Sunday, 26 September 2010

People don't change their mind the way they are supposed to

The theory

Ocassionally I get unsubscribe requests to the mailing list that tells people of updates to this site. Most of them happened when the site was launched, but a couple have arrived later. Every single one of them has been short and to the point, with the exception of one that I got recently, that contained some nasty swearing. This was a contact in my list that has always hated me, for no clear reason I can see, because we have never had much contact in the first place. As far as I can tell, he has some serious prejudices about me based on rumours, that he's never changed in the face of clear evidence that he might be wrong and that in any case, he doesn't know that much about me. And this takes me to an issue that most people don't think about, but it's sadly true: people don't change their minds about things the way they are supposed to. That's one of the reasons that influencing other people can be so difficult.

The way people are supposed to change their mind is something like this: They have some kind of rational belief based on their experience. You give them evidence that proves that they are wrong. They consider the evidence and, finding it convincing, they change their mind. Sadly, it isn't at all like that.

There have been experiments done on real people who had a wrong belief related to something that was in the news, after providing them with overwhelmingly clear evidence that their belief was wrong. To make the different answers clear, let's imagine the following wrong belief: "Bobby ripped Alice's dress and that's why Alice slapped him." People were given conclusive evidence that Bobby didn't rip Alice's dress, including Alice herself saying that the dress wasn't ripped at all. The results were as follows:
  • About 1 in 3 (33%) just continued defending their position, finding an alternative justification to actions justified previously with this fact and downplaying the importance of this particular fact. "Bobby is a creep anyway, he deserves being slapped. It doesn't really matter what he did on this particular case."
  • About 1 in 6 (16%) continued to believe what they believed before, and were unable to explain why they continued believing it. "I'm sure Bobby ripped the dress, I know he did."
  • About another 1 in 6 (16%) defended that there must have been a good reason for the action justified with this fact, because otherwise it wouldn't have been done. "Alice wouldn't have slapped Bobby without good reason."
  • About 1 in 7 (14%) said that they had never believed the fact anyway. "Oh, I never really believed that Bobby ripped her dress, it was clearly gossip."
  • About 1 in 8 (12%) found some argument to continue believing what they believed. "I still think Bobby ripped the dress, I think Alice is lying to defend him."
  • About 1 in 15 (7%) simply refused to discuss the matter. "I don't know, who knows what happened anyway?"
  • Only 2% (about 1 in 50) did as they were supposed to: They said they considered the evidence, and changed their mind. "OK, I'm convinced, the dress wasn't ripped."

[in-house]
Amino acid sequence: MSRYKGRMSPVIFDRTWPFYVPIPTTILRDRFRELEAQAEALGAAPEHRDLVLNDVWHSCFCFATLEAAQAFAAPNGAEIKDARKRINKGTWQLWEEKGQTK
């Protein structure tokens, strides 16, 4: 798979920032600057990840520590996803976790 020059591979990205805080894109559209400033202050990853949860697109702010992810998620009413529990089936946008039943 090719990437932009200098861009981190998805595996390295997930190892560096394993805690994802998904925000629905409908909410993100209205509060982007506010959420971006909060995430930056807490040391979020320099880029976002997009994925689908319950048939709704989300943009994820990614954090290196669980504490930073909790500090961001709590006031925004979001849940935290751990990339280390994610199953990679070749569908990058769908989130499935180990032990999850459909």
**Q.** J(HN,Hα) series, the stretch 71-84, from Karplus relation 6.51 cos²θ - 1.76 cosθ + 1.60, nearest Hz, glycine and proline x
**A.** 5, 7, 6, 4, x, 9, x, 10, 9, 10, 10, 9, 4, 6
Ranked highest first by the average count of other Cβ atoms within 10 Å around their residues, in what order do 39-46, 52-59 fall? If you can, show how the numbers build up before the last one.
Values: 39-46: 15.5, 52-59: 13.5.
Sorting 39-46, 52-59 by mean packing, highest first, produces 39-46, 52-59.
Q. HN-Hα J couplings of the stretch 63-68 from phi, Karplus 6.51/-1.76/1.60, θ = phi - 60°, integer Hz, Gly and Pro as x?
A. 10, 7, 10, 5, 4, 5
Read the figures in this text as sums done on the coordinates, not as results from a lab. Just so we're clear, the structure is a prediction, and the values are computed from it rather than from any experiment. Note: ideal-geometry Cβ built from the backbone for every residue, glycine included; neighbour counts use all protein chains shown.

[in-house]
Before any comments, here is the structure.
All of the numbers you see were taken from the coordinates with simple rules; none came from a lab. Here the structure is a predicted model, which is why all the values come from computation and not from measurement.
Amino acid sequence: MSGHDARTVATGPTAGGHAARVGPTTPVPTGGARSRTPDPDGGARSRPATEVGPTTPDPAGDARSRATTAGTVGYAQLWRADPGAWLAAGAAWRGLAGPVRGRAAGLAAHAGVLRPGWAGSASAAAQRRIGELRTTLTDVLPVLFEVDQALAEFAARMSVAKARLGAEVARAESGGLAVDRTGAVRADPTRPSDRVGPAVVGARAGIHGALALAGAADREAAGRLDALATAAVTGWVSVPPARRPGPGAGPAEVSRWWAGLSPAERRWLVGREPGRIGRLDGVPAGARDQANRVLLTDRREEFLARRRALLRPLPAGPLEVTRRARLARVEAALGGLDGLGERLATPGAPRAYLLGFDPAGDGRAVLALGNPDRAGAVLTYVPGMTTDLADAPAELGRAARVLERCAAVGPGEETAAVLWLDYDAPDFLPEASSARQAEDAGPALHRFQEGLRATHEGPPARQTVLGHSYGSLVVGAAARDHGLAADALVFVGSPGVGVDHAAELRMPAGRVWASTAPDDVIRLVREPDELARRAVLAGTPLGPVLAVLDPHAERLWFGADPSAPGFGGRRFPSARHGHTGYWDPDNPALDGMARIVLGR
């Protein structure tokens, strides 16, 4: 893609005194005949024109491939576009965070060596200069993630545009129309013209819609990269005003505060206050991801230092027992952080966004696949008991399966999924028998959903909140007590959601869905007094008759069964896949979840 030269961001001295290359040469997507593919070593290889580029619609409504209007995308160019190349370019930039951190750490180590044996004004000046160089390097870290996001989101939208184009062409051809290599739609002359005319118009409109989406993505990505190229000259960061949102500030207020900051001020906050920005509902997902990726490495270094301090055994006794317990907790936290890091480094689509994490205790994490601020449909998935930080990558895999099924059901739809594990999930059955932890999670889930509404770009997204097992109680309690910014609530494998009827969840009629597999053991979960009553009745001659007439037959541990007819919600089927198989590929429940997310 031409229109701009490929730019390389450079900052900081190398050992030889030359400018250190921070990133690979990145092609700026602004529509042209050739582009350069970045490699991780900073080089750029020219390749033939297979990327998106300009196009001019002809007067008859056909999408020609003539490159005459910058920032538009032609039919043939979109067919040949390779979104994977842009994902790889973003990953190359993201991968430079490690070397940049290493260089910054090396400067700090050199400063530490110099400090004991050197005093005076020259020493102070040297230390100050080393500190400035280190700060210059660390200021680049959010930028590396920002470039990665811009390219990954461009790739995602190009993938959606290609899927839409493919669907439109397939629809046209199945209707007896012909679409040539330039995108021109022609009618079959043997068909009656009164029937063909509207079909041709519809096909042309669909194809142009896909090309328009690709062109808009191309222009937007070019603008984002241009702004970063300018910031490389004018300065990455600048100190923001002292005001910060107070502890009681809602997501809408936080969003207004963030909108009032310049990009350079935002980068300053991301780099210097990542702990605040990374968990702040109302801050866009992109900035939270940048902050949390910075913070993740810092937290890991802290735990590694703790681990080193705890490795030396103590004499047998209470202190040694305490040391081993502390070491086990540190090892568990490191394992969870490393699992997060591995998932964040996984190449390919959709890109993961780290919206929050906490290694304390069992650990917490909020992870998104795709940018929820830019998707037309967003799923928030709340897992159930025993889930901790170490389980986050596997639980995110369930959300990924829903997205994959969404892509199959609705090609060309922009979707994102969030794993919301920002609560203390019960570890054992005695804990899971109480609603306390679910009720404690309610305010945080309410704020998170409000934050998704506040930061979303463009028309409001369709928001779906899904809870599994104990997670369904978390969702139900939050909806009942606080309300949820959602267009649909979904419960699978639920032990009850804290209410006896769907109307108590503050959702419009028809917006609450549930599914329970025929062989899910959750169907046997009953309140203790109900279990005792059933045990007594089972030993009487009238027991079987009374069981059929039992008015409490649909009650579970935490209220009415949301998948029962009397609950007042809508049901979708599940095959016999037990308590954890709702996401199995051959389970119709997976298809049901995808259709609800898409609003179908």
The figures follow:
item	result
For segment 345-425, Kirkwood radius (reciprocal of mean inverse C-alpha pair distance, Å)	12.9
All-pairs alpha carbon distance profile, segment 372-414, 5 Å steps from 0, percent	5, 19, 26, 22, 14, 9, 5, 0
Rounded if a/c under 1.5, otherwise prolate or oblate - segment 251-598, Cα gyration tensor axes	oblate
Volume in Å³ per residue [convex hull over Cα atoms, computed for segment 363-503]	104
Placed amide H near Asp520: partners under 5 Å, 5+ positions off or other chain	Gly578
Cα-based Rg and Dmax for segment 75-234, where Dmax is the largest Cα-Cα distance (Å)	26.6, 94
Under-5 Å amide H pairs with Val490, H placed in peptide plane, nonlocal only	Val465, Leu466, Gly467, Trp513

The statistics are depressing. Half the people will ignore the fact and continue defending an action justified with that fact, either finding alternative reasons for it or just assuming that there must have been good reason. More than a quarter will continue believing what they believed before anyway. Only 1 in 6 people will change their mind on the face of overwhelming evidence, and the vast majority of those will deny that it was the evidence, but will pretend or convince themselves that they have always believed what they believe now. And the rest will just refuse to talk about it.

All of these reactions are familiar to people that campaign about climate change. People's beliefs are incredibly "sticky", especially when they are beliefs used to justify certain actions. What can be done? A few approaches that might help:
  • For those that continue defending their right to not change their actions, you can ask them, point black: "What would need to happen to convince you that you should/shouldn't do this?" Most people will give you an answer, they don't want to appear completely unreasonable and inflexible. Then see if you can provide them with the evidence or motivation that they require.
  • For those that continue denying the facts, the best strategy is often an appeal to authority. Find out whose opinions they hold in high regard, and try to locate examples of those people defending the facts that you are presenting.
  • Don't press people who actually change their mind to admit that you changed their mind. Most people resist admitting that their mind can be changed, they like to believe they are consistent. Let them be, or they may rather go back to their old beliefs.
  • Don't press people who refuse to talk about it. For some people, this is a stage they need to go through before changing their mind. Pressing them can produce the opposite results of what you want.
The practice

This is your chance to shine! Use the techniques outlined in the post about influence to prepare a talk to convince people about something you consider important. Then, on the questions & answers session, use the pointers above to finish convincing the unconvinced.

1 comment:

  1. If people have to be manipulated into believing the truth, they aren't really believing the truth. They are just the victims of manipulation which could have led them anywhere (see Climategate).

    IMHO, the objective should be to try to alert people of their own cognitive biases in order to get them to counter-them so they can think more rationally.